BEDCO head to oversee Center City Schmoke move a step toward merging agencies

November 08, 1990|By Michael A. Fletcher | Michael A. Fletcher,Evening Sun Staff

Mayor Kurt L. Schmoke today announced the appointment of David Gillece, president of Baltimore Economic Development Corp., as acting president of Center City-Inner Harbor Development Inc. and asked him to explore merging the two quasi-public development agencies.

The move comes after the resignation of long-time Center City head Albert M. Copp, who left the agency in September after receiving harsh criticism from City Council members and others for the agency's allegedly secretive operating style and poor handling of several downtown development projects.

Schmoke said that he has charged Gillece with exploring a plan to merge BEDCO, which handles industrial and business development citywide, and Center City into a single agency with two units: one for industrial development and another for downtown development.

Since taking office in 1987, Schmoke has said that he wanted to merge the city's development agencies into a single, more efficient unit. He said the changes are needed to save money and to better coordinate the city's development efforts.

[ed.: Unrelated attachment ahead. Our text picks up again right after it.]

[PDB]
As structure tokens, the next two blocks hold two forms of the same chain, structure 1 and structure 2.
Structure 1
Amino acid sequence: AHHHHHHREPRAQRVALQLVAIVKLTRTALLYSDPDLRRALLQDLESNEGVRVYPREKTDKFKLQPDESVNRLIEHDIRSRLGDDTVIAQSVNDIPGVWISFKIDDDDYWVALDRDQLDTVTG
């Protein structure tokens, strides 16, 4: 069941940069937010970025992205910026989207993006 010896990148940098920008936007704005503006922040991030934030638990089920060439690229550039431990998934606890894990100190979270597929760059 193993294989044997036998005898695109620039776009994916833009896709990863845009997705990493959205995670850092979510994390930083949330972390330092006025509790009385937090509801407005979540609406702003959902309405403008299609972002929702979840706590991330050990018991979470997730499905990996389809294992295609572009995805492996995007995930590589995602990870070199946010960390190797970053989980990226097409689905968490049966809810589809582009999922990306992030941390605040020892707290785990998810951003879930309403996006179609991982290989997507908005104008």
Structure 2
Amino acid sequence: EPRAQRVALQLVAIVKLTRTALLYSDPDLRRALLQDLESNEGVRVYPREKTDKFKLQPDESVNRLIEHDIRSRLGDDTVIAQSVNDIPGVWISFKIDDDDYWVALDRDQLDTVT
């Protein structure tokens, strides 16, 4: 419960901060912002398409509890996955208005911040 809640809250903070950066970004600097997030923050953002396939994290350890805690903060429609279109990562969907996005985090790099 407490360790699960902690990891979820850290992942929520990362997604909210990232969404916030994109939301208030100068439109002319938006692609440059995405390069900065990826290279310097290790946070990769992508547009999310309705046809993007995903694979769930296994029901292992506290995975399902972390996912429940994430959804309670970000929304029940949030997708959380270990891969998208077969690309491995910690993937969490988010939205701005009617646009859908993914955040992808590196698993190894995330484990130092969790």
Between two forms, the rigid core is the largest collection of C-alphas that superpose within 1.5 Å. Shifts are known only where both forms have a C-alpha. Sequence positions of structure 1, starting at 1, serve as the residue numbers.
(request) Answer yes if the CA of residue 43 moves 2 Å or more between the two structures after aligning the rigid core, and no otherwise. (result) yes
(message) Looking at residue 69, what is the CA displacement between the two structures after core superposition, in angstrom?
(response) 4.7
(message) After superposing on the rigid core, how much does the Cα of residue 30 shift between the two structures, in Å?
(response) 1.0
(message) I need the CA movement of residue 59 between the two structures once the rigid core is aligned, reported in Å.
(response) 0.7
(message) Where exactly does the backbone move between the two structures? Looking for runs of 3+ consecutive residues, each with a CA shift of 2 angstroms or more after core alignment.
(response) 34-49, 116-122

Schmoke started that process by forming Center City and then moving the city's Market Center development unit into what was formerly the Charles Center-Inner Harbor development agency.

Schmoke's appointment of Gillece and his move toward merging development agencies was applauded by at least one City Council member who has crossed swords with Center City and its predecessors in the past.

"Hallelujah!," said Councilman Wilbur E. "Bill" Cunningham, D-3rd. "I think the mandate is timely and overdue. I've been asking for something like this for a long time."

During deliberations over the fiscal 1990 budget, Cunningham was successful in having the council hold half of the agency's budget in escrow.

"Basically, we wanted to have some leverage for a performance review," Cunningham said. "We didn't like the fact that the agency had closed the process and was very unresponsive to the council."

Among the Center City decisions that were widely criticized were approval of a 28-story addition to the IBM building near the Inner Harbor and demolition of the McCormick spice factory.

Last year, Center City's downtown jurisdiction was expanded to include the neighborhoods just east of the Inner Harbor in Little Italy and Fell's Point.

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